Xartimon skipped across the pavement, finding little to amuse him. It was night by name but not by yet by nature; the sky remained the colour of bloom-dusted blueberries.
A dog-walker who’d paused to study her phone yelped as she realised her dachshund had decided to warm her shoe. The imp giggled and let the animal’s mind go. Then he sighed. Scents of warm dog and tarmacadam filled his nose, making him want to do something different.
That was when he found the clear rubbish bag outside a house with amber light dripping from its windows. It was full of a child’s paintings.
Xartimon’s eyes glowed as he sliced the plastic with a fingernail. A rainbow. Handprints. Something, perhaps a whale, drifting in a black ocean.
A door slammed in the house but he didn’t turn, engrossed in the treasures.
He flicked a hand and a swarm of jewel-bright butterflies lifted from the paper, scattering into the night. He watched them for a while, their wings gradually becoming monochrome as they flittered further into the orange light cast by the streetlamps.
Xartimon turned his gaze back to the torn bag and absently clicked his fingers. Seventeen puffs of dust fell from the air. The dog-walker cursed and brushed at her arm, then frowned as the glittering residue faded under her gaze. She looked around but saw nothing, of course. People rarely see anything that doesn’t fit into the world as they know it.
The imp continued flicking though the papers in front of him. The next picture he stopped at was recognisably a girl. The image had wild hair and black scribbles for eyes. A straight smear of pink formed her mouth.
A moment later she was sitting up, flexing her stick wrists and wriggling her fingers.
Now, something for her to do…
Paper on the ground caught Xartimon’s eye. Brown and gold on a black background. Red fingerprint eyes. A wolf, maybe.
The scribble-eyed girl looked around as the newly-animated creature made a crackling, crunching sound. She took a step backwards.
Xartimon sat on the low wall that bordered the garden of the amber-windowed house, balanced his left foot on his right knee and tipped his head to one side.
The wolf snapped. The girl dodged and made a whistling sound like someone blowing across a piece of paper. The wolf dropped back, tail low.
The girl picked up a stone and threw it awkwardly. The wolf caught it in its jaws as though it were a ball.
Xartimon shook his head. Stone never beat paper.
The beast charged, gaping mouth revealing sharp, white triangles. It caught the girl with an unpleasant tearing sound. She squealed and pulled, losing her left arm. She lurched to her right and grabbed for the wolf’s tail.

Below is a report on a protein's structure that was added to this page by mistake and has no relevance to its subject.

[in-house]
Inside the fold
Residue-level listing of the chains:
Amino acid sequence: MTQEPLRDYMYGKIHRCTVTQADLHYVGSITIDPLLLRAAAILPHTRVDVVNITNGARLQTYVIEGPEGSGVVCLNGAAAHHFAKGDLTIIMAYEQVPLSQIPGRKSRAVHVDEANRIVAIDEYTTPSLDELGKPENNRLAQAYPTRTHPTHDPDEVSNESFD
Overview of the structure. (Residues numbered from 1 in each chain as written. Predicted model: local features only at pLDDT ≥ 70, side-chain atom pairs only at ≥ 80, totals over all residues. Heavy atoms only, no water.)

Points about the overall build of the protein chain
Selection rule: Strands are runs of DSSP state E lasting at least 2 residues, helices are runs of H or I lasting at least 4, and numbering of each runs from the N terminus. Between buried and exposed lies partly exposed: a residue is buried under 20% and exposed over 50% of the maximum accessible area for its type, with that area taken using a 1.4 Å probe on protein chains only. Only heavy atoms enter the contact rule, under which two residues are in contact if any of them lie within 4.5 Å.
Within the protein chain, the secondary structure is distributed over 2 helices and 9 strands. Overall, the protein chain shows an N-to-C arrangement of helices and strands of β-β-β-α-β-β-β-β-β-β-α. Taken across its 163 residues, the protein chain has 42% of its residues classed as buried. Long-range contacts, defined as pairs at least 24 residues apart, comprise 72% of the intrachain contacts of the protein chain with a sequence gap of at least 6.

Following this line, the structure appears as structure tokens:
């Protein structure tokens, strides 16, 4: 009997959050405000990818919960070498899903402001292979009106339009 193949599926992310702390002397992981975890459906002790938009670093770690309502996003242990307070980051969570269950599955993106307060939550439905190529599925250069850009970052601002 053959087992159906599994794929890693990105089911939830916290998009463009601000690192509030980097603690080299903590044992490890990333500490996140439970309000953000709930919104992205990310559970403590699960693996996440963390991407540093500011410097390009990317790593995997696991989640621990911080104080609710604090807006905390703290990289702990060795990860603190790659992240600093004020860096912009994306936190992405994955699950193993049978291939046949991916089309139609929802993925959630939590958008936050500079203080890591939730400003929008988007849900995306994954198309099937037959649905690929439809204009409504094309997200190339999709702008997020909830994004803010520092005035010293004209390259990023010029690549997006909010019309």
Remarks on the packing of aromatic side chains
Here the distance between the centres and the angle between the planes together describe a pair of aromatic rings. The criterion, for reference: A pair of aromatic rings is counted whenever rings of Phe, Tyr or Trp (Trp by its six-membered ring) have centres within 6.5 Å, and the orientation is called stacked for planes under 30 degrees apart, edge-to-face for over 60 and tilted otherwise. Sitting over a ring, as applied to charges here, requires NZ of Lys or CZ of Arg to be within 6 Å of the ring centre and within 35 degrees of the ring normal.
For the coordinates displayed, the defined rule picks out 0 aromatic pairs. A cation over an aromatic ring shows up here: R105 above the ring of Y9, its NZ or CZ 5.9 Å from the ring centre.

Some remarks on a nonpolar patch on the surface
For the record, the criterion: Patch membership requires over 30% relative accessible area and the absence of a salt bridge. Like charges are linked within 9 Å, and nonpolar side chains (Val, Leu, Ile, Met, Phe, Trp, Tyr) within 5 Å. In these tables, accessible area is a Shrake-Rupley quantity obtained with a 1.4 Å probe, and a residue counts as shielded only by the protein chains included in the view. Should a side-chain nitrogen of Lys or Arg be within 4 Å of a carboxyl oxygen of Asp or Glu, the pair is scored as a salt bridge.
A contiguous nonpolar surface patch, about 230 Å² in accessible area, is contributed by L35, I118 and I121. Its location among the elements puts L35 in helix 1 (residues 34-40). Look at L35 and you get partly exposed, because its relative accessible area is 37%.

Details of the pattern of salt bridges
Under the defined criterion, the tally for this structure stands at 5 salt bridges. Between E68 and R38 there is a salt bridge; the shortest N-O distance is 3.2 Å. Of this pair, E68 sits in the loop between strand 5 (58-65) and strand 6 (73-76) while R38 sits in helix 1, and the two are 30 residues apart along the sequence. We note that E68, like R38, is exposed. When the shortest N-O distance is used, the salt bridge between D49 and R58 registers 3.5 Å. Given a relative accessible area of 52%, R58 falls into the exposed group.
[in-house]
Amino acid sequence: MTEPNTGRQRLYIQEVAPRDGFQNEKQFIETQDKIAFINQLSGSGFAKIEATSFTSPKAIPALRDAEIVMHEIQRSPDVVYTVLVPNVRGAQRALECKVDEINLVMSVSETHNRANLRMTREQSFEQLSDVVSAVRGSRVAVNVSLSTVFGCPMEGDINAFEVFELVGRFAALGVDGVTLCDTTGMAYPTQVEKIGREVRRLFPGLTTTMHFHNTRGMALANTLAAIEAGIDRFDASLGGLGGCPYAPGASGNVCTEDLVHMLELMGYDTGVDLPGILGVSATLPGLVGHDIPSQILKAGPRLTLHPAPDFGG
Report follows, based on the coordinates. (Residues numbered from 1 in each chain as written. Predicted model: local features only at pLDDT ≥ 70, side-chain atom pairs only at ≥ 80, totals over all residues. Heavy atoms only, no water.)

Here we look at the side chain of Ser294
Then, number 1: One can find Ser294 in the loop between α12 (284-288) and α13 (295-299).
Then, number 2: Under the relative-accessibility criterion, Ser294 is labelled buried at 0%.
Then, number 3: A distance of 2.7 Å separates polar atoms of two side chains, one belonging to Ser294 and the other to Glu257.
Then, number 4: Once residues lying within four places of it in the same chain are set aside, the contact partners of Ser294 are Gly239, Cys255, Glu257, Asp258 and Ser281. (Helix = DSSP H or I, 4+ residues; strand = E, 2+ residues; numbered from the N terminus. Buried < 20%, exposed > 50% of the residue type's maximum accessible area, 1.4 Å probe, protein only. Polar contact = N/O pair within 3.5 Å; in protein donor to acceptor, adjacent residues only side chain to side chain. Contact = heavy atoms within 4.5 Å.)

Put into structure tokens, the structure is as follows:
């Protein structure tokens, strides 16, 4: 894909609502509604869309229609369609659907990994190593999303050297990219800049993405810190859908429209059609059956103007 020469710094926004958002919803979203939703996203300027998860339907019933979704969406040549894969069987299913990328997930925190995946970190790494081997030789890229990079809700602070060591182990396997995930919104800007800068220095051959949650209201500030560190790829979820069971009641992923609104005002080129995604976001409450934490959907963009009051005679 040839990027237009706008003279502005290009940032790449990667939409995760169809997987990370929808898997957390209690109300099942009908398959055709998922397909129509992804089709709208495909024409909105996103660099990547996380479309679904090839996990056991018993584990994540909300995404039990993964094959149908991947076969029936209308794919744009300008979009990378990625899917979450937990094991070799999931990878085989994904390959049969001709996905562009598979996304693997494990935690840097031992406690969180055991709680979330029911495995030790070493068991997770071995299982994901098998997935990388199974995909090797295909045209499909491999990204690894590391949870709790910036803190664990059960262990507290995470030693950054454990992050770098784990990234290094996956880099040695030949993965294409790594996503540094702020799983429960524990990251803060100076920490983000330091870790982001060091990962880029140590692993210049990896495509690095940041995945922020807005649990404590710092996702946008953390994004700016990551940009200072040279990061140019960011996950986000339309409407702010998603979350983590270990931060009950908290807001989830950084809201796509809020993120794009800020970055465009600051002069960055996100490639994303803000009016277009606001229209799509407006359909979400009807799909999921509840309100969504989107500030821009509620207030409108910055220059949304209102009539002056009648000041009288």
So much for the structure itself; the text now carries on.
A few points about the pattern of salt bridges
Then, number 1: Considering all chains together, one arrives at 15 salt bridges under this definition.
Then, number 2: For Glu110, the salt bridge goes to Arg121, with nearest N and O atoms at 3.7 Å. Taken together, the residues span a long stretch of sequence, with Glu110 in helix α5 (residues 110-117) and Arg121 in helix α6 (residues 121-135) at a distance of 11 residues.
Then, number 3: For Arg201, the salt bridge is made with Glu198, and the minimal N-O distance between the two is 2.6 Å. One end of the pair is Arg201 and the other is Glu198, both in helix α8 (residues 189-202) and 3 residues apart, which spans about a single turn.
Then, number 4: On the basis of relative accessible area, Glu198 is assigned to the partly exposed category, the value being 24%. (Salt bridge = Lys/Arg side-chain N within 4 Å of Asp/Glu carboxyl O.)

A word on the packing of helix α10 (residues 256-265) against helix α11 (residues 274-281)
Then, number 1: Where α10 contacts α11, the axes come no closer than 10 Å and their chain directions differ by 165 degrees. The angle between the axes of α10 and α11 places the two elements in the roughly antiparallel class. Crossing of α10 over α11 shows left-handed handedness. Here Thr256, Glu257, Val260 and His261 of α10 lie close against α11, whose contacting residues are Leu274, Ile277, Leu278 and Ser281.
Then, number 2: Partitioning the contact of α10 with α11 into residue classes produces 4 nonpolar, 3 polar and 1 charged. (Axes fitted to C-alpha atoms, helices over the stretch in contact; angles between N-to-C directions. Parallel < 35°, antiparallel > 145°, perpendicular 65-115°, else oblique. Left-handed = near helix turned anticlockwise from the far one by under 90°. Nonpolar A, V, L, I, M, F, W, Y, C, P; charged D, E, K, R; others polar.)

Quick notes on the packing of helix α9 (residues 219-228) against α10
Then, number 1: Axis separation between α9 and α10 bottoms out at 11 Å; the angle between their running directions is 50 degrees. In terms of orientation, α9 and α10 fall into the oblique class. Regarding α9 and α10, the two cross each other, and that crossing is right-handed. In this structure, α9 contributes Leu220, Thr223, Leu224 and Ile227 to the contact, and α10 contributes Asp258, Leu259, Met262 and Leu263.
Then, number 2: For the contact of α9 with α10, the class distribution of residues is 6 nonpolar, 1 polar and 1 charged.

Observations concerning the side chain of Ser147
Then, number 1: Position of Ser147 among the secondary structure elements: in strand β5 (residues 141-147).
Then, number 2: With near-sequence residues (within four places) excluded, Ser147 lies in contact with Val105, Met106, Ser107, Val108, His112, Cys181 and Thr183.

It slipped through her fingers and the creature snapped again, catching her head. She pushed and kicked, but it was no use. This time there was no tearing. The beast pulled her into its mouth, chewing and mashing the paper until it dissolved into fragments.
Silence fell and the wolf looked at Xartimon, hopeful expectancy in every dry breath. As one, they looked up at the perfect half moon. There are those that believe that full moons are magical, but there’s nothing magical about something which can only go one way.
A high-pitched sound emanated from the house behind them. Not quite a scream. Not quite.
The imp pointed a finger at the child’s monster.
The jet of blue flame left nothing but specks of ash drifting in the air. Xartimon glanced at the amber-windowed house.
His game was mischief. Evil, well.
That was the business of others.
This first version of this dark little tale was written for the 2017 Podcastle flash fiction contest. It didn’t win, but it did get a good handful of votes. There were some truly amazing stories, by extremely talented writers, in that competition, so any votes at all was an achievement! You can listen to the winning stories here. At the time of writing there’s still time, just, to enter the Escape Pod flash fiction contest for 2018 – you need to submit your up-to-500-words Science Fiction story by the 30th of April. If you’ve missed the deadline, never mind, sign up for the forums and come and vote for your favourites anyway. See you there!
If you’ve enjoyed this story please considering buying me a coffee at ko-fi.com. The more coffee I have, the more likely I am to write more stories! 🙂